Costa Coffee forced to remember new chicken and bacon pasta salad because the label does not warn contains mustard, milk and VIS
- The £ 3.99 salad was introduced earlier this month as part of the chain's summer menu
- If they are eaten by people who are allergic to milk and dairy, they can get into an anaphylactic shock
- Costa Coffee urged people not to eat a salad and to take the product back for a refund
- Ketting said labeling error only affects products with an expiration date of May 22
Costa Coffee is forced to pull its Chicken and Bacon Pasta Salad because it contains fish, milk and mustard that are not mentioned on the label.
The £ 3.99 salad, launched this month as part of the chain's new summer menu, can pose a risk to people who are allergic to milk and dairy products.
If they are eaten by allergy sufferers, they can get into an anaphylactic shock – which can be fatal without emergency medical treatment.
Costa Coffee is forced to pull its Chicken and Bacon Pasta Salad because it contains fish, milk and mustard that are not mentioned on the label
The Food Standards Agency (FSA) has announced the recall for products with an expiration date of 22 May.
In a bulletin it says: & # 39; If you have purchased the above product, do not eat it. Instead, send it back to the store where it was purchased for a full refund. & # 39;
A Costa spokesperson said: & # 39; Costa Coffee remembers the Chicken & Bacon Pasta Salad with an expiration date of 22 May due to a product labeling error of undeclared allergens; fish, milk and mustard.
WHAT IS AN ANAPHYLACTIC SHOCK?
Anaphylaxis, also known as anaphylactic shock, can be killed within minutes.
It is a serious and potentially life-threatening response to a trigger, such as an allergy.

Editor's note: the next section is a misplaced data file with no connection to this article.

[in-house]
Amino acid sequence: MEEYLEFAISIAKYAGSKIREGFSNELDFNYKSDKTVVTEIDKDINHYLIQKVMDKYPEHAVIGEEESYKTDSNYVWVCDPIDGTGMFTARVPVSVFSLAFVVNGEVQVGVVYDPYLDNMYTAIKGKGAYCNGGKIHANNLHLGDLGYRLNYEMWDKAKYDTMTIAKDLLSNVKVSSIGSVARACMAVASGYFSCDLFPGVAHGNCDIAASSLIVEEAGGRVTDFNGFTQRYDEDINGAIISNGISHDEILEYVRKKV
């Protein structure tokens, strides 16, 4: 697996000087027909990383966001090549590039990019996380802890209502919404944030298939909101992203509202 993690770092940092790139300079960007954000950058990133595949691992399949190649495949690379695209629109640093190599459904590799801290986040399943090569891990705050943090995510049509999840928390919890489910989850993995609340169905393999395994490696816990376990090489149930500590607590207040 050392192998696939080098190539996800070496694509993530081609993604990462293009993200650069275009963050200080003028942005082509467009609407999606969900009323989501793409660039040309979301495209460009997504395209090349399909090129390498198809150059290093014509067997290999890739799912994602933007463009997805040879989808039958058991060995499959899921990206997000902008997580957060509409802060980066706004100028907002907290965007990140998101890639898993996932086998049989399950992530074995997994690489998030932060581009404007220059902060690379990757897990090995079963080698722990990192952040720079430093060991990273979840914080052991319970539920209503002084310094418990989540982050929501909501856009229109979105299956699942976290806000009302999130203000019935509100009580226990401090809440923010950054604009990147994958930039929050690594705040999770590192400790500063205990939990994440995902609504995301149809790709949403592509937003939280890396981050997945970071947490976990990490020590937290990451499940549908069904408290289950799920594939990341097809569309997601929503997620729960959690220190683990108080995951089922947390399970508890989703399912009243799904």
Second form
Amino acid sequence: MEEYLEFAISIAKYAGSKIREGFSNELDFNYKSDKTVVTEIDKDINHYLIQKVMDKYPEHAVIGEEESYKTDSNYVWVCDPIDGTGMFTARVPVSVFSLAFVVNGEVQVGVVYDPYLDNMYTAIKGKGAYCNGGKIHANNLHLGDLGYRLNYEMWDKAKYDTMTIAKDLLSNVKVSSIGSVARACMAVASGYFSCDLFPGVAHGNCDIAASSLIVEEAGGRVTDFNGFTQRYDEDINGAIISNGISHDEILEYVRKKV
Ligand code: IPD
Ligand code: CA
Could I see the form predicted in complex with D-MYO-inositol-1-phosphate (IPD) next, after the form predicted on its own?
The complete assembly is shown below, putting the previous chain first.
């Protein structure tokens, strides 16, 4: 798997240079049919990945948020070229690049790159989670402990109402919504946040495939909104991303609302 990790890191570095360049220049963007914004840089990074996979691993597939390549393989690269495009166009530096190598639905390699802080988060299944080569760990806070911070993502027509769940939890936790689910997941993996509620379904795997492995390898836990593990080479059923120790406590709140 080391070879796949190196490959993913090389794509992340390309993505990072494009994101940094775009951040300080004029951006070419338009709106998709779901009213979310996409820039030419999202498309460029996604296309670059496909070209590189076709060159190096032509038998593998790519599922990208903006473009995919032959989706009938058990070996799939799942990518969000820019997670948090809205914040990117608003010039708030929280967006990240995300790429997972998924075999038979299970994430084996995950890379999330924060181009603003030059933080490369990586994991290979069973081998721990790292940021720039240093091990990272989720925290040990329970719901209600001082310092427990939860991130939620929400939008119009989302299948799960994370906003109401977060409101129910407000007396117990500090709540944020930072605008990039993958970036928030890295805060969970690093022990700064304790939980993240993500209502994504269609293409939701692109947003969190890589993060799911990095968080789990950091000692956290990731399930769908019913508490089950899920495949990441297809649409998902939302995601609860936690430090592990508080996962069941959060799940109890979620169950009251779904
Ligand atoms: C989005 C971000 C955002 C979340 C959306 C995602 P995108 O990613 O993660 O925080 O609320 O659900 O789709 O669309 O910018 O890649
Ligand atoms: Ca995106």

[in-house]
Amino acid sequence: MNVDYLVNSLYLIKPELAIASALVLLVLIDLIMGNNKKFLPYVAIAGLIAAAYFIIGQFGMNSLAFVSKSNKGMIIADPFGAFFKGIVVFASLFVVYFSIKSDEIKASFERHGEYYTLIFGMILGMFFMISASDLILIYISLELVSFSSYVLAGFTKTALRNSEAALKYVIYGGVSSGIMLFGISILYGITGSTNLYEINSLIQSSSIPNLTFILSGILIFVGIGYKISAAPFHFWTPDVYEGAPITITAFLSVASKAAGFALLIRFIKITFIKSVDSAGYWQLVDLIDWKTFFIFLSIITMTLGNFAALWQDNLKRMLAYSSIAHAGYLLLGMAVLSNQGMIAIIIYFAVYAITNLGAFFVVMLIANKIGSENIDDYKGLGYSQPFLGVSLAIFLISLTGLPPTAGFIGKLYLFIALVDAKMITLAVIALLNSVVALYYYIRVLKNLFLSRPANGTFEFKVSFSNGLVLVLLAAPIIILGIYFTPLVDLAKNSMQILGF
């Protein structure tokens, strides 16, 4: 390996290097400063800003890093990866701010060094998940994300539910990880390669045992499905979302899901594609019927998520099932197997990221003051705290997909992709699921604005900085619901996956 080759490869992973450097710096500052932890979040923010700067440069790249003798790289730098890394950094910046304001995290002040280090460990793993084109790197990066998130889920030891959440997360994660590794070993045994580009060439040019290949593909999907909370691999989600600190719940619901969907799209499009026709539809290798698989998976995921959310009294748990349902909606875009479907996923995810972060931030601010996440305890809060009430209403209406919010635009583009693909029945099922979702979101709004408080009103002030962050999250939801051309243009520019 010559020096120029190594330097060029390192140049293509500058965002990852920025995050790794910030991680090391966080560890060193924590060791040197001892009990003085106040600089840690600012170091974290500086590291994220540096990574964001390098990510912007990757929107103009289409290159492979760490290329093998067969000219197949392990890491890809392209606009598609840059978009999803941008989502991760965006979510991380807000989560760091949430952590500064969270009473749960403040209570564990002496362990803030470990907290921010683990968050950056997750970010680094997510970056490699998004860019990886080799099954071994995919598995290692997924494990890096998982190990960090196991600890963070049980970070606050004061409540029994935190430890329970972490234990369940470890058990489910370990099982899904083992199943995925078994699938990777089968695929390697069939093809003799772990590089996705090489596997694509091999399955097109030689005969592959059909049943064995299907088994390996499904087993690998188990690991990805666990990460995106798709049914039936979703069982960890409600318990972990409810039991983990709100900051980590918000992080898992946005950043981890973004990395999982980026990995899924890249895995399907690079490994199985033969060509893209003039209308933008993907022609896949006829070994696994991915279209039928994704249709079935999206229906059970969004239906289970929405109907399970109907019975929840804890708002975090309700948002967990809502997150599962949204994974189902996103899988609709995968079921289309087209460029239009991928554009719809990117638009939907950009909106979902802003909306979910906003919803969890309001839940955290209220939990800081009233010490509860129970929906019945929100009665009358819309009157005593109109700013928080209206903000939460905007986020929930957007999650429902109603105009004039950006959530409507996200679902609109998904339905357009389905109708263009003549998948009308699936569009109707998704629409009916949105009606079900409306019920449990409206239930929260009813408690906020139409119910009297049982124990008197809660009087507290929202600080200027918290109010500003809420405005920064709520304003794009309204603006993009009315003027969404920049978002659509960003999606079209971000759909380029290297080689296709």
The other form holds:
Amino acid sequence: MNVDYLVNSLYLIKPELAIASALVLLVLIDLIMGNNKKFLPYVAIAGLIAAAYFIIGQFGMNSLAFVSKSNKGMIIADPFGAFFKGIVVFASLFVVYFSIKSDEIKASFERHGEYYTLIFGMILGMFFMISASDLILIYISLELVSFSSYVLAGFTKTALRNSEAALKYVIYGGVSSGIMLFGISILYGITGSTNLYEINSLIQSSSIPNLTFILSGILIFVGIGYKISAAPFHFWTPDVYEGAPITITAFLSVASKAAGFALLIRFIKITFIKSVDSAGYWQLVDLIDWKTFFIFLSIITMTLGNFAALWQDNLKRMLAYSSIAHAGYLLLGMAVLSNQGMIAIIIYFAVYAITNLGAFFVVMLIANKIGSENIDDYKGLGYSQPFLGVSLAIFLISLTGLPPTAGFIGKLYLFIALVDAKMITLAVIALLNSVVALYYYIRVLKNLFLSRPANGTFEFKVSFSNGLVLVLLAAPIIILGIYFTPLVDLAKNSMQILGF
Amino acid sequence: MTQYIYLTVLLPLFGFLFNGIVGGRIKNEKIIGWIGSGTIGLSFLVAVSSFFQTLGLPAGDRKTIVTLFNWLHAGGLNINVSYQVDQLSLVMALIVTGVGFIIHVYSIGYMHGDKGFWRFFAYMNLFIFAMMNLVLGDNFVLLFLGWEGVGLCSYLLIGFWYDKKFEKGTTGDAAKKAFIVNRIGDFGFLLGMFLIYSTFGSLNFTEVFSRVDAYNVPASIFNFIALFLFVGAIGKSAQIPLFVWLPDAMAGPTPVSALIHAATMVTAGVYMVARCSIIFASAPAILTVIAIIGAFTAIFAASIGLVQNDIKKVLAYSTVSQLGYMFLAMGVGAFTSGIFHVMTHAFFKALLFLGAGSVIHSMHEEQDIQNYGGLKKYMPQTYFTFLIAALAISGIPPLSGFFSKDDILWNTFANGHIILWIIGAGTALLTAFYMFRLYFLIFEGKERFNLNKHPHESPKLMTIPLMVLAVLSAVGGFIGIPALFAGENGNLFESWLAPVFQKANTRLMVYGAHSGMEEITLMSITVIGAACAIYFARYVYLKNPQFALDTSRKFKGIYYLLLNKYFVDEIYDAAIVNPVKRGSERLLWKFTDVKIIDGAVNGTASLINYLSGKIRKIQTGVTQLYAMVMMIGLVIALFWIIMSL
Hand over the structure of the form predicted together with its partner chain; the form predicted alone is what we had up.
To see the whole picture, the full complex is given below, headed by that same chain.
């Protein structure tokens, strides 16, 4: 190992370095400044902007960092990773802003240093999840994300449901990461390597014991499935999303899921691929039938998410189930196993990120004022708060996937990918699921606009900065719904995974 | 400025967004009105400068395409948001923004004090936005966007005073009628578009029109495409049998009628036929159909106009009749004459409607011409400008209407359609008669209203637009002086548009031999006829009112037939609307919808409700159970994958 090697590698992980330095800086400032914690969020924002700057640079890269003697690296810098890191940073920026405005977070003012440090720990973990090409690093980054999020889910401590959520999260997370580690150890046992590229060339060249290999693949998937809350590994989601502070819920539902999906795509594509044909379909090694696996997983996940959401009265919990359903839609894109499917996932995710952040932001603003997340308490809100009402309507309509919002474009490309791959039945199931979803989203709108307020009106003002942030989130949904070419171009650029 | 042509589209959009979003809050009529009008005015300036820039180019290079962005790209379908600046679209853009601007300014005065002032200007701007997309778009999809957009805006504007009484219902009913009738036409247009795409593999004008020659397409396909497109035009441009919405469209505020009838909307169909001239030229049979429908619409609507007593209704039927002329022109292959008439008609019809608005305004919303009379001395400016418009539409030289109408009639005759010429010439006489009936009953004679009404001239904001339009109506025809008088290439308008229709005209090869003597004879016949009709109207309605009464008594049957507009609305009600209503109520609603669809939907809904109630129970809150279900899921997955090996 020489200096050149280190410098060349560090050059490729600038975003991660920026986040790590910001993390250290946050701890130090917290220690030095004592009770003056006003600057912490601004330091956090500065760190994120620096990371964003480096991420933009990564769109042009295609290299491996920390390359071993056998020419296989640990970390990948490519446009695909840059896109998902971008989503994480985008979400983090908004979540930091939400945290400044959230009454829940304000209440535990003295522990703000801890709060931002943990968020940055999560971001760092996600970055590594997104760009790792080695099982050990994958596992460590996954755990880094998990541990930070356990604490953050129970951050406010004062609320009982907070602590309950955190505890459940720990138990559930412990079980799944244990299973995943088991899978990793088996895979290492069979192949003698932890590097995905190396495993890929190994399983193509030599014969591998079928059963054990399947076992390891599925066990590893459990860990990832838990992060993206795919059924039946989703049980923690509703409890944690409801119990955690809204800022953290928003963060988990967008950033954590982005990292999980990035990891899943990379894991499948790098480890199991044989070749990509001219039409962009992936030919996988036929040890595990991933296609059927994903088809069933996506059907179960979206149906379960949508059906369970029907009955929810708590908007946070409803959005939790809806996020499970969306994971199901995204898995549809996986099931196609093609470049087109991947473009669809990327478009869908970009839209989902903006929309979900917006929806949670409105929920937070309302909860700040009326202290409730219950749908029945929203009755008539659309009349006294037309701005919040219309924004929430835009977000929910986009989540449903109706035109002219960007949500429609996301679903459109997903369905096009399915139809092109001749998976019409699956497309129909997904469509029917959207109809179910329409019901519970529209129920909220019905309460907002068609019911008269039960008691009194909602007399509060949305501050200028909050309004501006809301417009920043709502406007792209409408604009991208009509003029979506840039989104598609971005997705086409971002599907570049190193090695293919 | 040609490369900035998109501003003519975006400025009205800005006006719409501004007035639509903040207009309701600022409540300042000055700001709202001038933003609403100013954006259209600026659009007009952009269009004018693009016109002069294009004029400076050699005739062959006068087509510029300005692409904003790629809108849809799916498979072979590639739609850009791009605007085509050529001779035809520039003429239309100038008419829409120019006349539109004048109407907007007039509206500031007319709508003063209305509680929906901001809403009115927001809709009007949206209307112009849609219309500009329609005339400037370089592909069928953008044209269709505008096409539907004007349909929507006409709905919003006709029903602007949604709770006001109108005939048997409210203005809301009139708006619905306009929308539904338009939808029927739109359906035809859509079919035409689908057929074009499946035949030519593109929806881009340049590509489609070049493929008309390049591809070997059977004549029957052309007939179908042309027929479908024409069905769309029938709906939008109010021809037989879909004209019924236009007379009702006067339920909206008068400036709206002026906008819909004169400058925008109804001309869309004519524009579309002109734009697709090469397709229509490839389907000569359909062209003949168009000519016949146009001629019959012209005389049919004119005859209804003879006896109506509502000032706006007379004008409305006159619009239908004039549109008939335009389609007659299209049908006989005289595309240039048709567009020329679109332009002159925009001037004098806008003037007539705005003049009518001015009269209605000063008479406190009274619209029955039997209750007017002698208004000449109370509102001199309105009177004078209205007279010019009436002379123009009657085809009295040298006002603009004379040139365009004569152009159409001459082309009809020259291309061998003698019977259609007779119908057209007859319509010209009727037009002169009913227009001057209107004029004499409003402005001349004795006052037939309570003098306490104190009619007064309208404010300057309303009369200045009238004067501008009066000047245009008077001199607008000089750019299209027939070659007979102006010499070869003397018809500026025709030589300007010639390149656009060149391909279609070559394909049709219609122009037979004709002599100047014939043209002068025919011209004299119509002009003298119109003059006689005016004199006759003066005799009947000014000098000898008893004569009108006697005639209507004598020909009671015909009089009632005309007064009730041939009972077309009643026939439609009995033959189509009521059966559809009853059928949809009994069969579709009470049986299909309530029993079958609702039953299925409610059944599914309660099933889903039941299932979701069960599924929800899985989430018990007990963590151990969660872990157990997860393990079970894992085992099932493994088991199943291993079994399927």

The reaction can often be caused by certain foods, including peanuts, dairy products and shellfish.
However, some drugs, bee stings and even latex in condoms can also cause the life-threatening reaction.
According to the NHS, it happens when the immune system overreacts to a trigger.
Symptoms include: feeling light-headed or fainting; breathing difficulties – such as fast, superficial breathing; wheezing; a fast heartbeat; damp skin; confusion and fear and collapse or lose consciousness.
It is considered a medical emergency and requires immediate treatment.
Insect stings are not dangerous for most victims, but a person does not necessarily have a pre-existing condition to be in danger.
A consecutive accumulation of stitches can cause a person to develop an allergy, with another incentive causing the anaphylactic reaction.
"Customers who have purchased a Chicken & Bacon Pasta Salad with an expiration date of 22 May may not eat the product and instead return the product to the store with or without a receipt for a full refund.
& # 39; We immediately notified the appropriate allergen and food management authorities and we are conducting a full investigation of how this happened. & # 39;
Approximately two million people in the UK have food allergies, according to estimates.
Anaphylaxis, also known as anaphylactic shock, can be killed within minutes. It is a serious and potentially life-threatening response to a trigger, such as an allergy.
It is after the FSA said earlier this month that retailers who prepare and package food to sell locally must list all the ingredients they use to prevent allergy deaths.
The FSA board has decided to recommend that food stores should provide all foods with a complete list of ingredients, with emphasis on the 14 most important allergens, including nuts, eggs and milk.
The Department for Environment, Food and Rural Affairs has the final say on whether new rules will be introduced.
The proposed changes followed the death of Natasha Ednan-Laperouse, who died after a sandwich with Pret A Manger.
Miss Ednan-Laperouse, 15, from Fulham, southwest London, crashed aboard a flight in July 2016 after eating a baguette from a Pret outlet at Heathrow Airport.
The coroner on her inquest said she died of anaphylaxis after eating the artichoke, olives, and tapenade sandwich with sesame, for which she was allergic.
He described the labeling of Pret as "inadequate", largely because the company used a legal loophole to avoid a complete list of ingredients on the package.
After Natasha's death, her parents, Nadim and Tanya, from Fulham, South West London, launched a campaign for better labeling.
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